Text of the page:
Monday, 25 September 2017

Nothing Can Be Done

Lynne Truss (she of the semicolon, Oxford comma, and wry humour) has published one of the best tributes to Joni Mitchell I've yet come across. It's particularly good because it's a view from down here at fan ground-level, and hits the spot for me because – being English and 62 and state-educated – it seems she could easily, with a little bit of geographical adjustment, have been one of the grammar-school girls I knew back in the 1970s who turned me on to that sublime oeuvre in the first place. The actual BBC broadcast (linked in the written piece) is even better. Go on, give it a listen.

Ah, those girls! If there's one thing I regret, and would change if I could, it is the way we boys, so often, behaved towards them. I imagine adolescent boys have covered their yearnings and softer feelings with casual cruelty since the dawn of time; certainly, we did. Though never with the studied, sustained intensity we reserved for each other. All the same, I am appalled, now, when I think back to some of the ways we behaved, and some of the hurtful things we said. And, what may be worse, some of the kind things that went unsaid and undone.

It's too late now, of course, and nothing can be done. A good many will be grandmothers, now, with a lifetime of experiences that far outweigh any ancient memories they might retain of the smart-mouthed, loutish teenage boys they once knew, who were always more interested in entertaining their mates and establishing pecking orders than in reaching across the gender divide. Which was, it must be conceded, a more considerable barrier in those days of customary single-sex education.

This came home to me recently, when I lit upon the website of a "girl" I once knew – now a woman of 62, of course, hard as that is to imagine – who, like me, has made a late-start career in art-making. I was going to email her just to say, "Hi, remember me?", but then realised that, even if she did, it would be a 17-year-old me that she remembered, and she might not necessarily be delighted by the memory. I'm not that keen on him myself. Better to leave it alone.

What idiots we can be! I think about this any time I see some young fool tormenting a girl whose attention he craves, but can think of no better way of getting it than to be persistently annoying, like a wasp at a picnic*. I suppose, as Joni Mitchell says, all we ever really wanted was to come in from the cold. But what strange, self-defeating ways we boys have of asking to be let in. Age may bring wisdom, but how much better to have had just a little more of it back then.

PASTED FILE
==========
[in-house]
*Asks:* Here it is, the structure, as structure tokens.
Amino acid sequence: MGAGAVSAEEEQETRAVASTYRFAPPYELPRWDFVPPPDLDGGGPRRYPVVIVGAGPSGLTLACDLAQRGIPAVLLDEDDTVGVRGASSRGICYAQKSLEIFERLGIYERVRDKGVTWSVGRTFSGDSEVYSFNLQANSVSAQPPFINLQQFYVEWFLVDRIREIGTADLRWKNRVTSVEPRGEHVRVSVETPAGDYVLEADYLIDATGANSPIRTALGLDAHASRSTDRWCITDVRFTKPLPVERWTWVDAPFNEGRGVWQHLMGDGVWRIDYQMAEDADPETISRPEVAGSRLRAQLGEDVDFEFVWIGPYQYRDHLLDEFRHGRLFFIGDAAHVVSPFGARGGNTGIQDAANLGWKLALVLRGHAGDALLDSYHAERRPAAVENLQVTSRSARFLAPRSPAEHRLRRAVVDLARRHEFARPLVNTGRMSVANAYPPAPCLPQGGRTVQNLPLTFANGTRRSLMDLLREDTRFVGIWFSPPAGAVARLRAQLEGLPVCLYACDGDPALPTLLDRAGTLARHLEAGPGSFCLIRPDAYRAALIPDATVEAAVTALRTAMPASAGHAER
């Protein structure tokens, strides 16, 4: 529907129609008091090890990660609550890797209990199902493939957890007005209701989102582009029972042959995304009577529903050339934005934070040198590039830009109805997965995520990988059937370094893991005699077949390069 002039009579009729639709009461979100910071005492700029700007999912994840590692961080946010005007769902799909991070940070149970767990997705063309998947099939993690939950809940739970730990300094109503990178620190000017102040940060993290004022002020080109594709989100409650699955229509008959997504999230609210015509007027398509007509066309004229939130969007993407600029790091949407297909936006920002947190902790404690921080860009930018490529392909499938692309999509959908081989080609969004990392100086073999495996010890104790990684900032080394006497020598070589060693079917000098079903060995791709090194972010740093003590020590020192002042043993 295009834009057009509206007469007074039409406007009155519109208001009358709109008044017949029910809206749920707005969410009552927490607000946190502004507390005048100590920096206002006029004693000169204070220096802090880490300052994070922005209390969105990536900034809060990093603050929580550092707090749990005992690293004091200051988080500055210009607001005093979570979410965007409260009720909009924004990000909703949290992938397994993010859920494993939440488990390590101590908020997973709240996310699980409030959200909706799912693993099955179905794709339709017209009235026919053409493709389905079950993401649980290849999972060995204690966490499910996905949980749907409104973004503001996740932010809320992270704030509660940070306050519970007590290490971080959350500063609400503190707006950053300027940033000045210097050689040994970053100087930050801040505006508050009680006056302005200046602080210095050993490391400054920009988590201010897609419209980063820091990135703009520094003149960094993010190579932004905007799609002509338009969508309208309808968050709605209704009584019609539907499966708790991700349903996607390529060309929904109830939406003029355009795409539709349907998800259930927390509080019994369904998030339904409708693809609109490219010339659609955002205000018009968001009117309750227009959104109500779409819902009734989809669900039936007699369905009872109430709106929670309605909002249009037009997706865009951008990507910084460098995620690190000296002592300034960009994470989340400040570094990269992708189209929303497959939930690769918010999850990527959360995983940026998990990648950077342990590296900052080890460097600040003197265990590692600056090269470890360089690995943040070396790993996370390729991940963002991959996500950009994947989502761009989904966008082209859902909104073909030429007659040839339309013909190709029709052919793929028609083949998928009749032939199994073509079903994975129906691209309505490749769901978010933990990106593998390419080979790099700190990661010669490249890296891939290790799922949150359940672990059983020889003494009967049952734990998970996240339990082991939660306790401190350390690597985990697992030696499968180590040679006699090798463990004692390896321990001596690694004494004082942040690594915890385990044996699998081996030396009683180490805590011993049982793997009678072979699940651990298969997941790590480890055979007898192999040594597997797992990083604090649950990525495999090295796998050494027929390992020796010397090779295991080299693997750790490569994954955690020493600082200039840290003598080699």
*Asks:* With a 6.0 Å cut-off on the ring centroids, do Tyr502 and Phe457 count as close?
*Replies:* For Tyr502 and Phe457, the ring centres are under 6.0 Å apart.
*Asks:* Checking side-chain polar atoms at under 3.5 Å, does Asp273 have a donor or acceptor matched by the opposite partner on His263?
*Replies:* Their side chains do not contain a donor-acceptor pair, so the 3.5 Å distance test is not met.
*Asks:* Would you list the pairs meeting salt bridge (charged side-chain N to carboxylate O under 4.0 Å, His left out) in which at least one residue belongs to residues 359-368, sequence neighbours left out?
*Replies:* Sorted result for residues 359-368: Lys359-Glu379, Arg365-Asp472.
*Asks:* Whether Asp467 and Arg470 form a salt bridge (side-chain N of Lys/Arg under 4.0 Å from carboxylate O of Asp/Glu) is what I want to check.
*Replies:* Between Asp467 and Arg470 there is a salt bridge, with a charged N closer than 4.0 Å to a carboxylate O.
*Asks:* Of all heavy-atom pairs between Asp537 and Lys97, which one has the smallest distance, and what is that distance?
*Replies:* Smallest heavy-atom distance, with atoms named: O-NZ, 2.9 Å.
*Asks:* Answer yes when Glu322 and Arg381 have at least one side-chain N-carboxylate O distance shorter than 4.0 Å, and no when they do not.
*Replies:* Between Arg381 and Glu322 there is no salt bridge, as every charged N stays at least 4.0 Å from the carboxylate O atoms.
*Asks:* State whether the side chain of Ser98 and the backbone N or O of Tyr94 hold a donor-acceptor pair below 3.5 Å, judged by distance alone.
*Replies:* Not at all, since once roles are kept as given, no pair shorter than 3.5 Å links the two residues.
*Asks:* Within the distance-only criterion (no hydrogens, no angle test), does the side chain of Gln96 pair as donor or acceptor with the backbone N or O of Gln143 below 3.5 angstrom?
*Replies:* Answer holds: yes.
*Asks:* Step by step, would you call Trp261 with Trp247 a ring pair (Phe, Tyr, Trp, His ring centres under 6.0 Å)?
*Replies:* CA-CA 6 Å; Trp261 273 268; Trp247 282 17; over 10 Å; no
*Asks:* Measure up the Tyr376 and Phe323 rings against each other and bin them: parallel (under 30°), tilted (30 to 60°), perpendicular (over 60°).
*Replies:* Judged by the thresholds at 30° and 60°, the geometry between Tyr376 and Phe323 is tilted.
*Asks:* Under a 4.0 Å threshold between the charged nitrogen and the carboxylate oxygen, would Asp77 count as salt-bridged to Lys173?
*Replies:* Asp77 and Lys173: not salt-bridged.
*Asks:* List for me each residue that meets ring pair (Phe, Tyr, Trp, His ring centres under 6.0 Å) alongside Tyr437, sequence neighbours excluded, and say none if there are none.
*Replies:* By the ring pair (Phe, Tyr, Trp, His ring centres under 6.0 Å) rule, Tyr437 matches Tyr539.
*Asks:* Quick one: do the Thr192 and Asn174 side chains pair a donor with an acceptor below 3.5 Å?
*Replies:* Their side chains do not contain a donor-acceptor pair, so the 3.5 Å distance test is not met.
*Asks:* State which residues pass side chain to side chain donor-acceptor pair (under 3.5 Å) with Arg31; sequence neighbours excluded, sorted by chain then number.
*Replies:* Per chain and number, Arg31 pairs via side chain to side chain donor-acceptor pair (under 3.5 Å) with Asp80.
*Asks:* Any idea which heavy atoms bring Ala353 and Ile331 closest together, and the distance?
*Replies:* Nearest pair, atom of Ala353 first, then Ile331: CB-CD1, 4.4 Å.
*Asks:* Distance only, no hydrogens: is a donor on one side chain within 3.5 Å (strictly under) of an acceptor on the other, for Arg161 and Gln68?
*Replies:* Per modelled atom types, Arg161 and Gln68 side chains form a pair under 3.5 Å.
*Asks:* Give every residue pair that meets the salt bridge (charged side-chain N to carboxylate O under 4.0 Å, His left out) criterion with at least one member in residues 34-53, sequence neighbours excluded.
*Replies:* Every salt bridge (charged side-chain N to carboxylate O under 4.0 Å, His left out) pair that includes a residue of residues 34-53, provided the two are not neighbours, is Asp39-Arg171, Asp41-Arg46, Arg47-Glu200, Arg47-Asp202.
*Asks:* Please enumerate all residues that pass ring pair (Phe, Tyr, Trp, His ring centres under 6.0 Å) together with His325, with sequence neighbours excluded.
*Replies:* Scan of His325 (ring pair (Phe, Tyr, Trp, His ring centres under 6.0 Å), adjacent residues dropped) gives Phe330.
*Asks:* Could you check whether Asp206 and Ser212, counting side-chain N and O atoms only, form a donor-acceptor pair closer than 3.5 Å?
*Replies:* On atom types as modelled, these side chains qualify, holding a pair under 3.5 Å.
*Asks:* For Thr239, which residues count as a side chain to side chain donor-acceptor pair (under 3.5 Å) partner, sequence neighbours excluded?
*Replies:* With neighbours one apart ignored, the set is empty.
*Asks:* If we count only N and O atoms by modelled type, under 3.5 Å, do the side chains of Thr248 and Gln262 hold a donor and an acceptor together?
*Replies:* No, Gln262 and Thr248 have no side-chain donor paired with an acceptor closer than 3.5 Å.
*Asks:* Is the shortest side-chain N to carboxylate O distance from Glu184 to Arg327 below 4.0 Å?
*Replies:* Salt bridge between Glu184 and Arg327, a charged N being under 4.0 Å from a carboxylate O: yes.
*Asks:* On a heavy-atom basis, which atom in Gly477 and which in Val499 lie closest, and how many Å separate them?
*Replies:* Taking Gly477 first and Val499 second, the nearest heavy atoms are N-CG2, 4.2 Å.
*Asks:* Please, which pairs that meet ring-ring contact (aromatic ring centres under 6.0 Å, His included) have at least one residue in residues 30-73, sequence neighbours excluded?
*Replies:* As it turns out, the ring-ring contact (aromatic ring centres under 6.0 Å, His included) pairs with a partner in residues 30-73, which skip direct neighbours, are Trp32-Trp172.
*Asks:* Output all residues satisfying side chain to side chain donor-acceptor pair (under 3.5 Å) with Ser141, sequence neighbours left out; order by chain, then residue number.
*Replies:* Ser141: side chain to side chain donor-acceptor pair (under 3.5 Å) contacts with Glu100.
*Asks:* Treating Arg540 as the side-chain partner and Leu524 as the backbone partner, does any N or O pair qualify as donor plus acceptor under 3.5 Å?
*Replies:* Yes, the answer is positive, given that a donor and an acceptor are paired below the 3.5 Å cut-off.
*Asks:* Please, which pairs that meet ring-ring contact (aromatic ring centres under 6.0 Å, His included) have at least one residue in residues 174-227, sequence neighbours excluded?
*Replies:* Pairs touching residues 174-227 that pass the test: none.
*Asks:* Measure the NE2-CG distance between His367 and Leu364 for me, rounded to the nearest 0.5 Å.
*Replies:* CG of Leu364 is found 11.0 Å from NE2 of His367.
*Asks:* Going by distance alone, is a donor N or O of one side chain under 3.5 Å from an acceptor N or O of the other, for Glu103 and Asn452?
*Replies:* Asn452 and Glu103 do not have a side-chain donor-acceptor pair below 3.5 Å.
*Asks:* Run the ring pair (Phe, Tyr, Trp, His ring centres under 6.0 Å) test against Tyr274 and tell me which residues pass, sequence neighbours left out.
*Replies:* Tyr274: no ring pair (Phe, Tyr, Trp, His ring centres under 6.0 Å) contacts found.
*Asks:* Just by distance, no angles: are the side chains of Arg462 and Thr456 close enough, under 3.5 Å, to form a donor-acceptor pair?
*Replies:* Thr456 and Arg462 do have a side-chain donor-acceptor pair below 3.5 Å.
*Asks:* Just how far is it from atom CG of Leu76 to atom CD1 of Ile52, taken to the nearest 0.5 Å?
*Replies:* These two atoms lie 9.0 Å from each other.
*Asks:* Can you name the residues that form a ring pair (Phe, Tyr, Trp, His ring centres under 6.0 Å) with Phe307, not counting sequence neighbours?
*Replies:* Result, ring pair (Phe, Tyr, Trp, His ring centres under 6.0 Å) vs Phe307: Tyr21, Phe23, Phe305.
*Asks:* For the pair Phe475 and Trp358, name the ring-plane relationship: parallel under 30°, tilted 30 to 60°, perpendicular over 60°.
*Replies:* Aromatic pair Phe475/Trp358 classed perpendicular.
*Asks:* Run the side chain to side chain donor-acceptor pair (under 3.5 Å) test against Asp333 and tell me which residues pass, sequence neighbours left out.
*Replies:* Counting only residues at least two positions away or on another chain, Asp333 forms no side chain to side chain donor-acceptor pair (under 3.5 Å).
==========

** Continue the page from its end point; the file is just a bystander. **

Must I surrender
With grace
The things I loved when I was younger
Must I remember your face
So well
What do I do here with this hunger

Oh I am not old
I'm told
But I am not young
Oh and nothing can be done
Don't start
My heart
Is a smoking gun
Oh and nothing can be done

Joni Mitchell, Nothing Can Be Done

* As I recently pointed out to a friend, wasps are not unfriendly, as such, just socially awkward and quick to take offence. Plus, of course, they are equipped with a ready capacity to hurt. Repeatedly. Not unlike adolescent boys, then.


Anonymous said...

This post is a big relief for me! It is exactly how I remember my own experiences with the female gender, all these missed opportunities owing to my churlishness. Knowing that I'm not alone provides some late consolation. Thankfully, it all turned out well when I met this wonderful woman 23 years ago - and she still bears me!

But, here's a puzzle: There are two gentlemen - one in his seventies and president of a western super power - the other one in his thirties, heir of a "socialist" east asian dynasty. Both of them haven't outgrown their churlishness and narcissm despite of their age, and probably never will. Still both have fairly attractive wifes! How come? Should churlishness make sexy in the end?

Best, Thomas

Mike C. said...


Glad to be of service!

As to your two gents, a comedian here once asked the young, "attractive" (not in my book, but...) wife of a very successful stage and TV magician in an interview, "So what attracted you to the multi-millionaire Paul Daniels, Debbie?"

Money and/or power have oddly aphrodisiac qualities, it seems...